Sgt. Tequila Yuen (Chow Yun-Fat), a police officer of Hong Kong, has been on a case of gun smuggling for a while. While the Hong Kong police ruins a transaction between smugglers at a teahouse, Tequila loses his partner. In order to bring Johnny Wong (Anthony Wong), a ruthless gun smuggler, and to get revenge, Tequila teams up with Tony (Tony Leung), an undercover cop.
Obviously, if you're watching John Woo's last film made in Hong Kong, don't expect to see a masterpiece. At best, Hard Boiled is a film in which Woo decided to have fun as much as director Zhang Yimou did with House of Flying Daggers. With that said, it's surprising that Woo manages to pull off a good film with a minimal effort, because he described the film as being "70% action and 30% script".
As a matter of fact, don't expect to see any depth or ambiguousness just like in The Killer. Obviously, while it deals with the usual theme of honour and brotherhood, Hard Boiled - just by looking at its script - looks like your usual good Hollywood action flick. This means that it sticks to the mainstream standard of what's an acceptable gunfight film solely made for entertainment. Nevertheless, Hard Boiled stands out from all of its competitors, because we see why John Woo is the reference for making action films. For instance, in the shoot out in the hospital (at the end), when Chow Yun-Fat and Tony Leung gets in the elevator (after they cleared one floor), the crew was just given 20 seconds to make the set look like a different floor.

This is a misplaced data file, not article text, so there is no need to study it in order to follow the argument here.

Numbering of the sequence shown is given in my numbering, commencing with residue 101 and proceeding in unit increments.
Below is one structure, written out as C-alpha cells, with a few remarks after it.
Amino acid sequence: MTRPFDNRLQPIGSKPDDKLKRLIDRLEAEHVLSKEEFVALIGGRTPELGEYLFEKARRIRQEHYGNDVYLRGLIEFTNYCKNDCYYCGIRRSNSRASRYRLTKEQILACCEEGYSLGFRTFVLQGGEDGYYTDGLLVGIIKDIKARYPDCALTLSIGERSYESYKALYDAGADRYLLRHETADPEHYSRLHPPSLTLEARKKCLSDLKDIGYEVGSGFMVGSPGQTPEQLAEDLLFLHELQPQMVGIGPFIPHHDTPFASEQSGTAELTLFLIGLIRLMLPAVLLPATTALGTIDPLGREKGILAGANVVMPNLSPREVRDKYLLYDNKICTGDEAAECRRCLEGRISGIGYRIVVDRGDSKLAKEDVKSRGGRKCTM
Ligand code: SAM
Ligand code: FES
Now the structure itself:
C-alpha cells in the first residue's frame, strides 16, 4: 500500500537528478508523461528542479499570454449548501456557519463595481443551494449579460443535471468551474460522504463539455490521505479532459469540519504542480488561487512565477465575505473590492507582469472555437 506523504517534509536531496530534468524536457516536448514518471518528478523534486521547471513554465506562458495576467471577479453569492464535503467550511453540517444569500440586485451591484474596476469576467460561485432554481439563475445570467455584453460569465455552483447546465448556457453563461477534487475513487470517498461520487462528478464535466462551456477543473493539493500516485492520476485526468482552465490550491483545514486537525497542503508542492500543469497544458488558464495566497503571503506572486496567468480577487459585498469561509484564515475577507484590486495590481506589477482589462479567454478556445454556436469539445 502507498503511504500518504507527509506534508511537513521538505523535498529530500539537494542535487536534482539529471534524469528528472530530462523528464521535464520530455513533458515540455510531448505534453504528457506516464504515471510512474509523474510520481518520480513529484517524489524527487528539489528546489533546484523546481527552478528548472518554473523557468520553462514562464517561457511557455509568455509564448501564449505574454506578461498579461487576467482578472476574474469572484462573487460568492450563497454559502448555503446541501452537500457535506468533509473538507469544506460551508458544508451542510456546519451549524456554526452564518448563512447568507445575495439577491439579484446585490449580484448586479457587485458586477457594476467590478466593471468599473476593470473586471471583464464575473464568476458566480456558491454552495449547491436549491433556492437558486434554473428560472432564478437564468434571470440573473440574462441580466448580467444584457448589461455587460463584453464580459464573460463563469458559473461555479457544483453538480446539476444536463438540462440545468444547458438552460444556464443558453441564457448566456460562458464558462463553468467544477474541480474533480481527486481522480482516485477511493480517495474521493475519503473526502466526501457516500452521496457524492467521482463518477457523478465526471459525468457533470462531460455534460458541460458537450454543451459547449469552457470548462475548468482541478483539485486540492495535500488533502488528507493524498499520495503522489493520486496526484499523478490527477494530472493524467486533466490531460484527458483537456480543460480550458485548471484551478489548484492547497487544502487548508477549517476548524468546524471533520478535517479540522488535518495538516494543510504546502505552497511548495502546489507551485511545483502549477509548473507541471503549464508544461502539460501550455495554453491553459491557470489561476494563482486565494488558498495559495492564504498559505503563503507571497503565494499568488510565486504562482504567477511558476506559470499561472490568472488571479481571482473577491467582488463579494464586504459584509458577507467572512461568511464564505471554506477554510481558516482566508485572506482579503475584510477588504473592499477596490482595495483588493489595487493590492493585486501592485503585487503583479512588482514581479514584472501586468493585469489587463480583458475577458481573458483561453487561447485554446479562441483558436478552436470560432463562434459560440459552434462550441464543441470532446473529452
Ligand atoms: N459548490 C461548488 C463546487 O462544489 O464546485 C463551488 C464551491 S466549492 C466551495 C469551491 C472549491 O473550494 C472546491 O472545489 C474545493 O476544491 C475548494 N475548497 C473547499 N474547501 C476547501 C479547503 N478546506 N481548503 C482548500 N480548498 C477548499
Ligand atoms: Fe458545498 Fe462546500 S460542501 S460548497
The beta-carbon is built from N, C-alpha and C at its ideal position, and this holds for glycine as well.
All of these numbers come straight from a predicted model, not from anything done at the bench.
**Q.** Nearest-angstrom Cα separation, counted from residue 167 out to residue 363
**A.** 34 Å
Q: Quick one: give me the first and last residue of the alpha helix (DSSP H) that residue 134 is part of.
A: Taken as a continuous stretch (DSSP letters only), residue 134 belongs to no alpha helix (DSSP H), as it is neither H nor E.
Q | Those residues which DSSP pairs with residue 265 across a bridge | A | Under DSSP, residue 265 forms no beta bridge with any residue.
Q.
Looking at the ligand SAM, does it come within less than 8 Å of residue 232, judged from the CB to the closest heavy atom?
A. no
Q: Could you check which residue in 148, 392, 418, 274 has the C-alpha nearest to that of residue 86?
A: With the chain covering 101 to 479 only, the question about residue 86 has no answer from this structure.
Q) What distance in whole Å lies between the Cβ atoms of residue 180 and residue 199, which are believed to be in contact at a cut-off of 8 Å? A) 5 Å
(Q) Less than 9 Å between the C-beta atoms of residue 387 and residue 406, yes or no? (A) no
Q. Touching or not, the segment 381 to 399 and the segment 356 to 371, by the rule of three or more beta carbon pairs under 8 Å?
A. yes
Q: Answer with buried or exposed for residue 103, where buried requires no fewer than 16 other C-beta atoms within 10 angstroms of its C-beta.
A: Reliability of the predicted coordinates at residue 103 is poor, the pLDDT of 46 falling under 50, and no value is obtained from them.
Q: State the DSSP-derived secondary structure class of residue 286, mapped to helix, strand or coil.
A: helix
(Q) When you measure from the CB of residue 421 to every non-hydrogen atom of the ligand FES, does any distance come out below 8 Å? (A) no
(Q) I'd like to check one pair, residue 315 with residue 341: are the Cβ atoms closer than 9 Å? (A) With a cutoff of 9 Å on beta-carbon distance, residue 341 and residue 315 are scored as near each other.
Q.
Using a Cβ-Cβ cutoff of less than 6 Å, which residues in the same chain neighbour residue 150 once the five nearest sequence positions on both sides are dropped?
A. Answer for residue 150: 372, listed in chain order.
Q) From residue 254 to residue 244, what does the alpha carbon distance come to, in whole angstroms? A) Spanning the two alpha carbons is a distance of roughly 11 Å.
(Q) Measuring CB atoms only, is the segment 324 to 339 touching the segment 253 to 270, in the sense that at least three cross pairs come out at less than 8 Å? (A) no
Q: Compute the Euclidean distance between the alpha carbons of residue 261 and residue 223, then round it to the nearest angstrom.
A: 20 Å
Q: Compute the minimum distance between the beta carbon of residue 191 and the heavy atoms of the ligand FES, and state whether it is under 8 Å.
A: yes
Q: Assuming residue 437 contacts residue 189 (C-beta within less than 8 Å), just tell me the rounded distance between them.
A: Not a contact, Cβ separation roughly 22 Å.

All in all, this is a way of saying that John Woo masters gunfight movies the same way Sergio Leone masters the genre of Western.
Finally, Hard Boiled may not be the best film from John Woo. However, while its script is okay, the film is definitely the benchmark for gunfight films. In fact, Hard Boiled has the most intense and well-shot gunfight scenes I've seen so far. If you're a fan of John Woo, you'd certainly like it as long as you accept that the film tries to be extremely entertaining and okay.
|Origin:||Hong Kong (1992)|
Chow Yun-Fat, Tony Leung, Teresa Mo, Philip Chan, Philip Kwok and Anthony Wong